Here's a letter I sent last week to the fine people who run Task & Purpose. We'll be wrapping things up over the next week or so.—Tom
Paul, Jared and Zach—
Having had time to reflect over the last couple of weeks, I have decided it is time for me to stop writing the Long March column.
The primary reason is that has been taking too much time away from my main job, which is writing books. Moreover, my current book project is a work of history that takes place in the 18th century, so there's little of the overlap with column topics that I had when writing previous books. I spend most of my book-writing time mentally far away, and find myself thinking less about current events than I once did. The result is that the column is becoming more of an effort for me to produce.
I was already thinking about ending it when the news arrived that James Mattis was leaving the Pentagon. That nailed it. His departure marks the end of an era for me. That is, for the last 25 years, I have known every defense secretary and the people around them, and could provide value from that personal knowledge. But it is unlikely I will be familiar with the new crowd coming in.
So the time feels right to end it. As for the question of when to close it down, I still have about a dozen guest columns to run. To fulfill my obligation to the people who wrote them, I'd like to get them published, so I'd like to continue the column it until at least mid-January. After that, it is up to you. I don't want to leave you hanging, so please let me know if you want me to take it longer.
I have no major complaints about Task & Purpose, and I wish you and the site well. I will continue to be a fan, and aim to remain in touch.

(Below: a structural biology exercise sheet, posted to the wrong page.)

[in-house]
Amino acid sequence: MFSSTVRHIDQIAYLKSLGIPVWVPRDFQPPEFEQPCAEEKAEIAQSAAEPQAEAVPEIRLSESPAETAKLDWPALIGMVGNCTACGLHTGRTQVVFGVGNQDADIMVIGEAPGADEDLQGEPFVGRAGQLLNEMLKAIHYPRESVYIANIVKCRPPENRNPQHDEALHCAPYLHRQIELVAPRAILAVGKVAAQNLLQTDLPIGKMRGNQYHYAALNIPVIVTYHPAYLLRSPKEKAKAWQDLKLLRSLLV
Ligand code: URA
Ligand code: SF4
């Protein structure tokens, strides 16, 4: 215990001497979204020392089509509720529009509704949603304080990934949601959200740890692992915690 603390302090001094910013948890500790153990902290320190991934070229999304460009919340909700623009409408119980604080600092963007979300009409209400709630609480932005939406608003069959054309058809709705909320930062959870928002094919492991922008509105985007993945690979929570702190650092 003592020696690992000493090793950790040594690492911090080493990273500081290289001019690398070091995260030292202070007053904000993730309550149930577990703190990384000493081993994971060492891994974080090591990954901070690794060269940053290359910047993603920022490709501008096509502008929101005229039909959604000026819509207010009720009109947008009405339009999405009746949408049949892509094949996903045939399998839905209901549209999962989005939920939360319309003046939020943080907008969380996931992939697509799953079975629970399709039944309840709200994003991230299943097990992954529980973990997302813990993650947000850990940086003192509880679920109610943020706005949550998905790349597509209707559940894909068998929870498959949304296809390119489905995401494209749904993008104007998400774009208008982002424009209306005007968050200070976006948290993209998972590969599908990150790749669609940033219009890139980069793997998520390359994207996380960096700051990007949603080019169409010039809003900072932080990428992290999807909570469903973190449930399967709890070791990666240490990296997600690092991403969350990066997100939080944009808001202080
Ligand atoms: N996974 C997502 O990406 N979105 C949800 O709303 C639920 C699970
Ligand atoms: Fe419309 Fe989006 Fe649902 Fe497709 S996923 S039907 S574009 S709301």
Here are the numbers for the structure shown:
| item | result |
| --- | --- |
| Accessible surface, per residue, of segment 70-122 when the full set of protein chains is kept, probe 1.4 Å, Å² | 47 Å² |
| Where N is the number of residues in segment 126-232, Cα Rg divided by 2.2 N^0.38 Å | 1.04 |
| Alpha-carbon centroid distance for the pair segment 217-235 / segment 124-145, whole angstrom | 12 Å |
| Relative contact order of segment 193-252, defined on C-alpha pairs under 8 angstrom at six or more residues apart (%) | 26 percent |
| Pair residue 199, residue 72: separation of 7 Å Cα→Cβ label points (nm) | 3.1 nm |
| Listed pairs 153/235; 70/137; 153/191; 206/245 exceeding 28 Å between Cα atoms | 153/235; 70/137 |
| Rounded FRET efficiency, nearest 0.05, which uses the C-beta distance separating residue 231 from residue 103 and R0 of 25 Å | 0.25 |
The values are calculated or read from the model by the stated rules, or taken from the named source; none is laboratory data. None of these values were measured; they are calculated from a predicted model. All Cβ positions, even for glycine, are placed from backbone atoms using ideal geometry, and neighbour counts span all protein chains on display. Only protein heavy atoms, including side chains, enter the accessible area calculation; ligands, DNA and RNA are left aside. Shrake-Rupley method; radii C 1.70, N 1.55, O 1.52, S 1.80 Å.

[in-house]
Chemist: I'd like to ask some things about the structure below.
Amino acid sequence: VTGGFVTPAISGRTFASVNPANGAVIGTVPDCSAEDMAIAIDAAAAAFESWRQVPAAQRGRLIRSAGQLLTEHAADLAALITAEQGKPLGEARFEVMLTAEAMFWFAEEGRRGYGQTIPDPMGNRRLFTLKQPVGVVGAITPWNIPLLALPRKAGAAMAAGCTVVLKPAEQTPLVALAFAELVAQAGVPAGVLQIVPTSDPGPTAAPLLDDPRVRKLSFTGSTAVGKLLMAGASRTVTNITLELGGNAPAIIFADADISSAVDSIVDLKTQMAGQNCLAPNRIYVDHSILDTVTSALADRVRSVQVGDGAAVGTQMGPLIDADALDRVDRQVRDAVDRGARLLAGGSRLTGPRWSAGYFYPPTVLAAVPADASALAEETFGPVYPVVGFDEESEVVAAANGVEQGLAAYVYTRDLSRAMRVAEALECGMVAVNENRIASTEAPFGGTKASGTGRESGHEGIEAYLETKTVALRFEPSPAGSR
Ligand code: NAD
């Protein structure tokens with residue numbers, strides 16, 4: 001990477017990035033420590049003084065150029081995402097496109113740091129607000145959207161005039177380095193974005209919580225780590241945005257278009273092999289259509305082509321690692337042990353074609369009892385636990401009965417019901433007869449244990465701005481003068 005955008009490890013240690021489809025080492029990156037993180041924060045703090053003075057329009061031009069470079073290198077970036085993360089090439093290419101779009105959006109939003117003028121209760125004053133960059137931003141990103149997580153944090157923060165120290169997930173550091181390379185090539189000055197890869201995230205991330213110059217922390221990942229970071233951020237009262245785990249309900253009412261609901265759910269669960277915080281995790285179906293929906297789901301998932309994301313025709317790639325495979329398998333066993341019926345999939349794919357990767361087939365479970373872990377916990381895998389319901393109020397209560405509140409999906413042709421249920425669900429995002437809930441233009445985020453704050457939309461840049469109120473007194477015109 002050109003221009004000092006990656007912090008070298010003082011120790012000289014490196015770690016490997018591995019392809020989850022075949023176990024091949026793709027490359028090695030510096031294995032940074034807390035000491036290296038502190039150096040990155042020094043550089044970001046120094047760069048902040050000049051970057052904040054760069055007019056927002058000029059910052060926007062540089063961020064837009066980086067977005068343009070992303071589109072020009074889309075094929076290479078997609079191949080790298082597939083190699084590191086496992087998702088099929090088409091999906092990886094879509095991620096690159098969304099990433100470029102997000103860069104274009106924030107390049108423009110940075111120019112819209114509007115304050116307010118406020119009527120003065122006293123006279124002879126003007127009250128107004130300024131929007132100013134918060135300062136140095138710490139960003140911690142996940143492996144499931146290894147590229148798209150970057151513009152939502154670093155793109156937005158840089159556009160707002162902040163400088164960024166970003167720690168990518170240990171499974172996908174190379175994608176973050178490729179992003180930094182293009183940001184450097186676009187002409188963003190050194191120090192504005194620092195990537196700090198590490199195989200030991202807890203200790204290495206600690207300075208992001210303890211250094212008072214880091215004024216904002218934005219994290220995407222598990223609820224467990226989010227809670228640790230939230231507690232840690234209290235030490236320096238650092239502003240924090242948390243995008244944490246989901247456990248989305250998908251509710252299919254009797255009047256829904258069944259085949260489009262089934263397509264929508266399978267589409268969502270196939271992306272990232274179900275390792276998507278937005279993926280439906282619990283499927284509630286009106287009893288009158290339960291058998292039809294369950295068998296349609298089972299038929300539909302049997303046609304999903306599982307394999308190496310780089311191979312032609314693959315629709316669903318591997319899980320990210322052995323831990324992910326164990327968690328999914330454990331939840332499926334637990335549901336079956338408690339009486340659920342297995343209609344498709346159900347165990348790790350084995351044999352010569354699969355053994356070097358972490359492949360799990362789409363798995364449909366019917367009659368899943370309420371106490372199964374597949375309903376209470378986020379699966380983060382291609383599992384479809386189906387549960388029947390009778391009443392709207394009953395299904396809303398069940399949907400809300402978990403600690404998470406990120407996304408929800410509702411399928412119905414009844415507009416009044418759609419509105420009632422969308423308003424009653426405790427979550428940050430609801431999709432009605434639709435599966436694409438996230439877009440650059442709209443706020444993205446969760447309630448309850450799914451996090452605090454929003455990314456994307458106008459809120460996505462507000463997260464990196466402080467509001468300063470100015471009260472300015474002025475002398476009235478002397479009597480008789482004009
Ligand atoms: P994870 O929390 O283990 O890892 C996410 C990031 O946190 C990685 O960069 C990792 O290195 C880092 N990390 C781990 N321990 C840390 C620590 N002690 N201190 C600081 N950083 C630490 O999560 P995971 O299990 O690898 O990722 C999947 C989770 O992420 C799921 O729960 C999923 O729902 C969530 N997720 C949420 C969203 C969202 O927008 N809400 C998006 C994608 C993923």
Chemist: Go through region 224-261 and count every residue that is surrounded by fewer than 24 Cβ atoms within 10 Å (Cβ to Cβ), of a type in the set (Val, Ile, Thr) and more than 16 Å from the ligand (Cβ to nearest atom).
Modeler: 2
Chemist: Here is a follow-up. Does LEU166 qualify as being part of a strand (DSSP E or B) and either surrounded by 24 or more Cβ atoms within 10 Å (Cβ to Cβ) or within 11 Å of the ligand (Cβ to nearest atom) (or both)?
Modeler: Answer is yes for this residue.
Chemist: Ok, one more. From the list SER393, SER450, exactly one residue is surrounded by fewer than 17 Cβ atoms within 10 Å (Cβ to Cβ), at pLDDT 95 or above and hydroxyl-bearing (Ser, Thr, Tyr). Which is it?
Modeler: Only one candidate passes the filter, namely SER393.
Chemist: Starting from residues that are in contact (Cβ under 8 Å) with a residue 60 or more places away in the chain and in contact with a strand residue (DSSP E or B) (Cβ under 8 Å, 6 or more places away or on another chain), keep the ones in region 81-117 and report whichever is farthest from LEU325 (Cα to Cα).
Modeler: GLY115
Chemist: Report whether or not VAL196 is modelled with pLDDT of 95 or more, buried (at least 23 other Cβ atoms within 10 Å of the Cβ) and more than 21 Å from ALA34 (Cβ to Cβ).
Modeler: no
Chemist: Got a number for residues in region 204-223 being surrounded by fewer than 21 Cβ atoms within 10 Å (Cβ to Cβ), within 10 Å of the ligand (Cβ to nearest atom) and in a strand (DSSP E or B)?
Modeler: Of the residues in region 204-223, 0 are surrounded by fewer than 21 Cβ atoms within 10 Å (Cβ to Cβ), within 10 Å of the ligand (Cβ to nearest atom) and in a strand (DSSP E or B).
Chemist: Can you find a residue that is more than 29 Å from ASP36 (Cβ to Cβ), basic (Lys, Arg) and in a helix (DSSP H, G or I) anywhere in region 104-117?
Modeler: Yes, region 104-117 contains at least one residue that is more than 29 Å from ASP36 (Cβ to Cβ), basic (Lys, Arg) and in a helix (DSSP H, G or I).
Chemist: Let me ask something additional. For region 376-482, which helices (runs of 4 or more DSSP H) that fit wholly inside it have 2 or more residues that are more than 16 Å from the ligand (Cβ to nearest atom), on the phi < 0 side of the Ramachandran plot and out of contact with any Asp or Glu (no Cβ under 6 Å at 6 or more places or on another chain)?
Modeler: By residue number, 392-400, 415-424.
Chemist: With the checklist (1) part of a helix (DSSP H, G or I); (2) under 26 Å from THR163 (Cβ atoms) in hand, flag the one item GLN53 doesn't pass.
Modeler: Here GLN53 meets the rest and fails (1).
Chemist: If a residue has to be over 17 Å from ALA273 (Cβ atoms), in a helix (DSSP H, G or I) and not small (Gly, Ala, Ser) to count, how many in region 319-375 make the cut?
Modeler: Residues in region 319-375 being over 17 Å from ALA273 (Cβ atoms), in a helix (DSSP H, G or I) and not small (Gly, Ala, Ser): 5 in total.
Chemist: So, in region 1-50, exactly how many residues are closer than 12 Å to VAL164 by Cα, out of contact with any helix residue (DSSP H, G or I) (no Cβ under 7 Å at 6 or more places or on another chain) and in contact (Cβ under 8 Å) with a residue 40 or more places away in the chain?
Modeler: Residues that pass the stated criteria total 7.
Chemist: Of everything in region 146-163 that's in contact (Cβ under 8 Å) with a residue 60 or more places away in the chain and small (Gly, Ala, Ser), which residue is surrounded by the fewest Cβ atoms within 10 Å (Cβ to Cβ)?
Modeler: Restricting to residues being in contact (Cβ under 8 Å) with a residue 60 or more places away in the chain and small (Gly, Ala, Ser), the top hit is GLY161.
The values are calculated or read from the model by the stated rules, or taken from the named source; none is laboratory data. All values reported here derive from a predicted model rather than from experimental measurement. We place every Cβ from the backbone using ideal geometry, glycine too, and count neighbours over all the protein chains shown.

Dan Caldwell, the executive director of Concerned Veterans for America, and Jon Soltz, the chairman for VoteVets on MSNBC's Morning Joe on March 18 discussing their campaign to see Congress end America's Forever Wars. (MSNBC/Youtube)
Two political veterans groups, one conservative, the other liberal, have spent millions fighting each other on various fronts, from Department of Veterans Affairs reform — what one group calls "choice" and the other calls "privatization" — to getting their pick of candidates into office.
But they've found common ground on at least one issue: It's time for Congress to have an open debate about ending the Forever Wars.
Up to 1,000 U.S. troops could remain in Syria — more than twice as many as originally announced, according to the Wall Street Journal.
President Donald Trump initially announced in December that he would withdraw all U.S. troops from Syria, but U.S. officials said in February that several hundred troops are expected to remain in Syria to create a "safe zone" along the border with Turkey and to man the al-Tanf garrison, which is located along a supply rote that would allow Iran to supply its proxies in Syria.
On Sunday, Dion Nissenbaum and Nancy Youssef of the Wall Street Journal first reported that the U.S. military is considering leaving as many as 1,000 troops in Syria to prevent Turkey from attacking the United States' Kurdish allies. So far, the United States and Turkey have failed to agree on how to secure the proposed safe zone.
U.S. Army Sgt. James R. Moore of Portland, Ore., a logitstics NCO with the 642nd Regional Support Group, shoots at the Fort Pickett rifle range as part of the Mortuary Affairs Exercise Aug. 15, 2018. (U.S. Army/Sgt. 1st Class Gary A. Witte, 642nd Regional Support Group)
White supremacists take part in a march the night before the 'Unite the Right' rally in Charlottesville, VA. (Associated Press photo)
Seven U.S. service members have reportedly been identified as members of Identity Evropa, a white nationalist group founded by a Marine veteran and tied to the 2017 Charlottesville rally, according to leaked online chat logs examined by HuffPost.